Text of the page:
Too often, architecture is all about what looks good with little thought given to the other senses. With this house, Elizabeth II located in the heart of a resort town that's always bustling with tourists and other activity, the architects knew they had to give extra consideration to the acoustic sense. They did their research in architectural acoustics and allowed that to drive the form, materials, and detail of the house. Not only does it shield the property from the noise of the village, but it also manipulates interior details to create a unique acoustic character for the house. This is something that the family and their guests will remember long after they've left.
The house is built with walls that are placed parallel to each other in order to provide layers of privacy and act as insulation from the noise coming from the village. These walls project beyond the living spaces and get taller as they go, starting from a wall that is the height of a human at the entrance, to a tall wall in the center of the house. The waves created by sound move past these walls and cause them to bend, which creates an acoustic shadow over the property. This makes it possible to have a quiet outdoor gathering area.
The walls are built with insulated concrete forms, a wall assembly nearly 20” thick. It is made up of a poured concrete core that is continuous from footing to roof, wrapped in insulating foam that also serves as formwork during construction. These walls provide excellent thermal insulation and an extremely low sound transmission coefficient. Due to the strength of their concrete cores, the walls act as structural beams, enabling them to span over the gathering space at the center of the house and the covered deck. The custom stainless steel clips that attach the wide cedar board siding to the walls were designed to prolong the life of the siding.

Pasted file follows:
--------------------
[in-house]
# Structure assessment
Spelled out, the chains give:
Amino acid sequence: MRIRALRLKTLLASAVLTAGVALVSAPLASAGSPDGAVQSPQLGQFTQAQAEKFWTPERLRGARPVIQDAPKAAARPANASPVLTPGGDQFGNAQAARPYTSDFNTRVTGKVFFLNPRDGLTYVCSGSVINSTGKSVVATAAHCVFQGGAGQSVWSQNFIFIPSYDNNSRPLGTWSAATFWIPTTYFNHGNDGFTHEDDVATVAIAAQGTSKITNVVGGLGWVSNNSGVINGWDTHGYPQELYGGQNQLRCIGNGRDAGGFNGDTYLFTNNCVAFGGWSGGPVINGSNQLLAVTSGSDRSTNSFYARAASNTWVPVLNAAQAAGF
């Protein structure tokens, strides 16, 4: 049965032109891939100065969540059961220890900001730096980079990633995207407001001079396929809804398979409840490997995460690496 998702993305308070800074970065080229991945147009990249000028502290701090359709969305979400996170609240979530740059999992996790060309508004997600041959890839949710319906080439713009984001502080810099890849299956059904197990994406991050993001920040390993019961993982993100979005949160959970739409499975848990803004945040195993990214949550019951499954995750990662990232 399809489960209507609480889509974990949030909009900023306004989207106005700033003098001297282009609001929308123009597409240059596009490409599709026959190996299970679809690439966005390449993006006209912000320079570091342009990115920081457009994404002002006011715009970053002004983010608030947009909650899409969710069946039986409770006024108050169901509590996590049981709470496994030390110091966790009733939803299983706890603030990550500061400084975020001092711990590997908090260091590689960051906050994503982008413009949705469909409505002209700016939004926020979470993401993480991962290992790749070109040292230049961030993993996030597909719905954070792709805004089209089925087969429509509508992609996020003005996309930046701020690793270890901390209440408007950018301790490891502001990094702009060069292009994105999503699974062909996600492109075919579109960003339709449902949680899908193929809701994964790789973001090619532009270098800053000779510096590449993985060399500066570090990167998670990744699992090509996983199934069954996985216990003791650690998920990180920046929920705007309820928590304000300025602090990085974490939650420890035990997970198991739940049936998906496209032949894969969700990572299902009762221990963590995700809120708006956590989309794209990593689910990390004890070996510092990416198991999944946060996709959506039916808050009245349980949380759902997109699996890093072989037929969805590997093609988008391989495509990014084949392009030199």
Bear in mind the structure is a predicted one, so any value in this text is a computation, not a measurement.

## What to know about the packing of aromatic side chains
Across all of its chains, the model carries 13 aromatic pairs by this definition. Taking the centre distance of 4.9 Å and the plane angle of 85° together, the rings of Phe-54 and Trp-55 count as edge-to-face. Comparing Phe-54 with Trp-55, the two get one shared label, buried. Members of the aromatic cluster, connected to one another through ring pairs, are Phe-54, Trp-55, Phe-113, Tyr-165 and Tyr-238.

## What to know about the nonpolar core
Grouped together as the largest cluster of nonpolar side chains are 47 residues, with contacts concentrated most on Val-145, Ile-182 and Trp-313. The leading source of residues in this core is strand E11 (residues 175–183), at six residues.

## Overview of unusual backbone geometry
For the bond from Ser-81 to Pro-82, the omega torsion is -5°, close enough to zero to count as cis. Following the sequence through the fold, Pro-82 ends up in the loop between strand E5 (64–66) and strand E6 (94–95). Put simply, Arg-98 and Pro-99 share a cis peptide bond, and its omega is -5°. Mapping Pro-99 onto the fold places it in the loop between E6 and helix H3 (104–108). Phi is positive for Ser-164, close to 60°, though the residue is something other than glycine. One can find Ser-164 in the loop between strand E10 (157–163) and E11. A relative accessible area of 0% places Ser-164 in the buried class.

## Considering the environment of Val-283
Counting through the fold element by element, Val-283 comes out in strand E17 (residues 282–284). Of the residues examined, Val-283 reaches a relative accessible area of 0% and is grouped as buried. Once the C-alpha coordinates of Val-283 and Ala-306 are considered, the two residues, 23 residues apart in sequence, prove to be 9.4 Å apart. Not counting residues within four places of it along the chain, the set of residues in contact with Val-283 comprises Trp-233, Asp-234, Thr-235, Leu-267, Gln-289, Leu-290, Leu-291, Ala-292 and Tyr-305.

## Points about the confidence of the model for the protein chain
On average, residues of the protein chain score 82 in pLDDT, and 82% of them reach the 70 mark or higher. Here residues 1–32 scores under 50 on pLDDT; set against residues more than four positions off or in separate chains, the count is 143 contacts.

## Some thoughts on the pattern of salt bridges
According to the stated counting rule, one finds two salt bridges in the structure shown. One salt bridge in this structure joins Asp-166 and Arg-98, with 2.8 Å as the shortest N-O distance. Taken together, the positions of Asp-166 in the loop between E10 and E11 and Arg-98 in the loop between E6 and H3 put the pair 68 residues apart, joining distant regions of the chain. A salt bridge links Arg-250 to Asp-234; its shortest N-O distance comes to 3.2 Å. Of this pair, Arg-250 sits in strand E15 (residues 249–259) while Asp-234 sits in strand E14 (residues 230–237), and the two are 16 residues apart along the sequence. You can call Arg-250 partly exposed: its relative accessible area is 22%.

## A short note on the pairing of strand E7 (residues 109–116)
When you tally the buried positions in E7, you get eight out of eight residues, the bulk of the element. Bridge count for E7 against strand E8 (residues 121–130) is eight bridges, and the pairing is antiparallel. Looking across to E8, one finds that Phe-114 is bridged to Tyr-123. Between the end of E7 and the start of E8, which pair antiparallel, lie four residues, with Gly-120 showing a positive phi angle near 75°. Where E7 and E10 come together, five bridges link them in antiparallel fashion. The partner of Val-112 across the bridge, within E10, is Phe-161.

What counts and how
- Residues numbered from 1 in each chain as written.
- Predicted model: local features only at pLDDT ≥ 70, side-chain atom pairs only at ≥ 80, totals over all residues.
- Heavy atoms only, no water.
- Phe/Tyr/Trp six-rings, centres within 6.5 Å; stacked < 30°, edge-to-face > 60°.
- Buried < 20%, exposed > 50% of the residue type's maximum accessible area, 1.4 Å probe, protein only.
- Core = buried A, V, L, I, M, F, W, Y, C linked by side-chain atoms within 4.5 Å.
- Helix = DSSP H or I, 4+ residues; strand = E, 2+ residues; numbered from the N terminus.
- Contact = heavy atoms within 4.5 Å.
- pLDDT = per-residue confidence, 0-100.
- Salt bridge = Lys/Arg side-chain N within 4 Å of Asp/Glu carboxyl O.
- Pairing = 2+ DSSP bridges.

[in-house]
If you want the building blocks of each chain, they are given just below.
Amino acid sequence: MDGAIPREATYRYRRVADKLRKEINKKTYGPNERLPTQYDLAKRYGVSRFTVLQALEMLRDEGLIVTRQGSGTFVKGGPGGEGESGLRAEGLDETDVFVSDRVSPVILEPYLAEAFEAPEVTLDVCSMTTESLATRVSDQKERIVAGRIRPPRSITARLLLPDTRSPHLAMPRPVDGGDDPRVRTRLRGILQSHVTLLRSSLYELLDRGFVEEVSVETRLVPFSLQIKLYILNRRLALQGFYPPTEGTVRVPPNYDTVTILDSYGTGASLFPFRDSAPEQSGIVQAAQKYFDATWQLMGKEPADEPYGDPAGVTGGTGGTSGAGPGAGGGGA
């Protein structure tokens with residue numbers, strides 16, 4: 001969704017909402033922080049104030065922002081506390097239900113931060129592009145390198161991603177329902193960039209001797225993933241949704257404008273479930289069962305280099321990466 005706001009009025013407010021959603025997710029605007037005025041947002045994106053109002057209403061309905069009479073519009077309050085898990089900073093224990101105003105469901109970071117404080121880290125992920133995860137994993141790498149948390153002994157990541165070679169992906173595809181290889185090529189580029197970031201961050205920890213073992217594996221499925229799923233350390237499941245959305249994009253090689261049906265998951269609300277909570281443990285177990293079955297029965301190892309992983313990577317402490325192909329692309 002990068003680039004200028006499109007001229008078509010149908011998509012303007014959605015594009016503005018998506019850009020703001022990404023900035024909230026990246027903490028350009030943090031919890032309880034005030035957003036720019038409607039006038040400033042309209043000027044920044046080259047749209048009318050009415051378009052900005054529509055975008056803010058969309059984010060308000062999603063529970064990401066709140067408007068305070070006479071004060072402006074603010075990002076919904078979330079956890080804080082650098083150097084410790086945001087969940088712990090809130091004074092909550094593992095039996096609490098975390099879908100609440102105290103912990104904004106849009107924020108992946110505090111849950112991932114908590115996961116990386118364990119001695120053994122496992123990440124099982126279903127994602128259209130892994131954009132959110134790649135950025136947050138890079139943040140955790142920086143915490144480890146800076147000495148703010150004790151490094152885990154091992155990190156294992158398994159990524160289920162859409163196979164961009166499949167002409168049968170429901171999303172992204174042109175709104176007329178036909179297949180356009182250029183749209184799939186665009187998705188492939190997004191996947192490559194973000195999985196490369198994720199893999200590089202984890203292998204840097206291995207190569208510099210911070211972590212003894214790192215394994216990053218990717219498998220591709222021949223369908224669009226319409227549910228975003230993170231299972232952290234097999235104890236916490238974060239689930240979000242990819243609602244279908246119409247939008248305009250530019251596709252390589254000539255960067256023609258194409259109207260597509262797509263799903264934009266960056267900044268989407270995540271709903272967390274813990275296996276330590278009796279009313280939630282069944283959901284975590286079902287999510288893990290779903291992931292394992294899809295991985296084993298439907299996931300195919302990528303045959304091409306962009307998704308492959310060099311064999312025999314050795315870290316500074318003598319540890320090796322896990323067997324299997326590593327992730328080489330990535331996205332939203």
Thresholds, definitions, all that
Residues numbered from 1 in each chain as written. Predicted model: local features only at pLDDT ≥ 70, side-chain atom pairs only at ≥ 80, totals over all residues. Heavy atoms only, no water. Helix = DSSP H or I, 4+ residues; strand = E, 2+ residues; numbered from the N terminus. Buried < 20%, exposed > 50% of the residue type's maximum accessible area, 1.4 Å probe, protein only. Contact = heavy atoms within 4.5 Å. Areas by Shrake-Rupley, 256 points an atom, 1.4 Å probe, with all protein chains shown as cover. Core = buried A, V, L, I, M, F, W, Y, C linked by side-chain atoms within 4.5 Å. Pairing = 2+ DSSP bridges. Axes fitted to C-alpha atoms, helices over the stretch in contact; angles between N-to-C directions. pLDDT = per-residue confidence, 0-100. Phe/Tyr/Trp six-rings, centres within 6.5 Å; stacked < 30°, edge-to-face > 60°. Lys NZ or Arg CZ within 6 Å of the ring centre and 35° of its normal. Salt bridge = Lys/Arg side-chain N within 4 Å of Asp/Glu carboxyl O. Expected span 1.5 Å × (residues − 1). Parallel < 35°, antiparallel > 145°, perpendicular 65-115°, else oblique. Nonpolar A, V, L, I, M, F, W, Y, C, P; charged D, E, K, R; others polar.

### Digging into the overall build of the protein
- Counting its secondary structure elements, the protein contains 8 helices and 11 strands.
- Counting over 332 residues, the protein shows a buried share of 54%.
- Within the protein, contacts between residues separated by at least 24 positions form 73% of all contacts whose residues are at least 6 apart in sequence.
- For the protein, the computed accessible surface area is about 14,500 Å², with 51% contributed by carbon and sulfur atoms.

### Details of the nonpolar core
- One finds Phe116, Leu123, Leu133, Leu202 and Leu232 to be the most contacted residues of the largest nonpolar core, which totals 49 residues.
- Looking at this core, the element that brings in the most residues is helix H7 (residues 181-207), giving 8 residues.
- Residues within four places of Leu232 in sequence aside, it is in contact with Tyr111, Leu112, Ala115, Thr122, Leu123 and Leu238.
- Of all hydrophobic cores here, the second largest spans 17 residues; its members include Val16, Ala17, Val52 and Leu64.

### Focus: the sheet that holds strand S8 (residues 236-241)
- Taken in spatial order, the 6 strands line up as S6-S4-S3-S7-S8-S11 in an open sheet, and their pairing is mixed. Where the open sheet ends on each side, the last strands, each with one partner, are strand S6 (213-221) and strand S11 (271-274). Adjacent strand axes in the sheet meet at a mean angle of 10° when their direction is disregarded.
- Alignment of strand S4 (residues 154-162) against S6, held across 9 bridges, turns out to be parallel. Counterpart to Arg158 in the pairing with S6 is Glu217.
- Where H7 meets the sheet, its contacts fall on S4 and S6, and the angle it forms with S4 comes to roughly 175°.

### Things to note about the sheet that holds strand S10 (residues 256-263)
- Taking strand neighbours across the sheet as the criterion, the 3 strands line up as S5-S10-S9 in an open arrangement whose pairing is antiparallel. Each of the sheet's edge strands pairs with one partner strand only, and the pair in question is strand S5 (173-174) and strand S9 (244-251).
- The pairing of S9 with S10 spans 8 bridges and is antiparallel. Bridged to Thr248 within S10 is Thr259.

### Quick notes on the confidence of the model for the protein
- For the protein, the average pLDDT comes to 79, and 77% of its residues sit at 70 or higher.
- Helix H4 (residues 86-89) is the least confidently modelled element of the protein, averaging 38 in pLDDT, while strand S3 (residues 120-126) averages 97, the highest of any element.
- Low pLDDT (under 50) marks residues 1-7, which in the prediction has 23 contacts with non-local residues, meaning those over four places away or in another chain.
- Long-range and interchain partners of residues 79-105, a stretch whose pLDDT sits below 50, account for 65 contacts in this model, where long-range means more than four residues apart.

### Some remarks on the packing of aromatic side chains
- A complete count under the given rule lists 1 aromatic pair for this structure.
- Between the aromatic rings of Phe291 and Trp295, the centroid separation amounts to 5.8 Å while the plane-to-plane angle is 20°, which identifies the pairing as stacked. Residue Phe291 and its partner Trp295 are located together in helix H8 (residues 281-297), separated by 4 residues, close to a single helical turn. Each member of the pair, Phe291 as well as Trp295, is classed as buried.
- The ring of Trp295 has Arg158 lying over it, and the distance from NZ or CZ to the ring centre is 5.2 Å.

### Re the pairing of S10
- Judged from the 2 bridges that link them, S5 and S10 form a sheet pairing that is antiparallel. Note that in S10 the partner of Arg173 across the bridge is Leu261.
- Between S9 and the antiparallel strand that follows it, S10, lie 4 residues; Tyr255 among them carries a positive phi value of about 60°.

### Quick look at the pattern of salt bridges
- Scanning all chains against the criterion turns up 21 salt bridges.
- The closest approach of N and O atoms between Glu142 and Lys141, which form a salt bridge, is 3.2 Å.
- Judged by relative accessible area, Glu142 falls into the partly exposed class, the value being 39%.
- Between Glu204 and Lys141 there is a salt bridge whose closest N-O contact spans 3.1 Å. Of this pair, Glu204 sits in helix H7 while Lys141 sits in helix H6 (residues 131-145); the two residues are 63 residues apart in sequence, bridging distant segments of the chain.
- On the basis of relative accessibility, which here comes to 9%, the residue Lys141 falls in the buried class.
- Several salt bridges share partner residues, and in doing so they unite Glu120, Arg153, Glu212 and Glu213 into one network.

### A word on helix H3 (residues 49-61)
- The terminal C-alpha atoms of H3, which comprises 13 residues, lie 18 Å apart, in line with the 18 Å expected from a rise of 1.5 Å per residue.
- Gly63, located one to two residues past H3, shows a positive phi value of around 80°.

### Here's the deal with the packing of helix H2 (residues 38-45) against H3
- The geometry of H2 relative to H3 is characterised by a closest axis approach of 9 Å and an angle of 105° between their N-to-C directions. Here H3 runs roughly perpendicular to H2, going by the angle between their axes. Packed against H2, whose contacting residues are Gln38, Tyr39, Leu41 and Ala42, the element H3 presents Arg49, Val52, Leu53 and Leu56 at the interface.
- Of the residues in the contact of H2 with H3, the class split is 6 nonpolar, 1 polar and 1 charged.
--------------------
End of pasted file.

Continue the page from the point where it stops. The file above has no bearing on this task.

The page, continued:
Traditional wood siding eventually fails because the natural expansion and contraction of the wood is constricted by the screws or nails that rigidly fasten it in place, slowly pulling out the fasteners or splitting the wood. The spring-like clips, however, hold the boards in tension against the house while allowing for the natural movement of the wood, meaning your siding will last much longer. The research informing the details, materials, and form of the project was based on how sound affects our perception of space. This approach to the design led to a more intimate and personal home for the family.
Project: Elizabeth II
Designer: Bates Masi Architects
Location: Amagansett, USA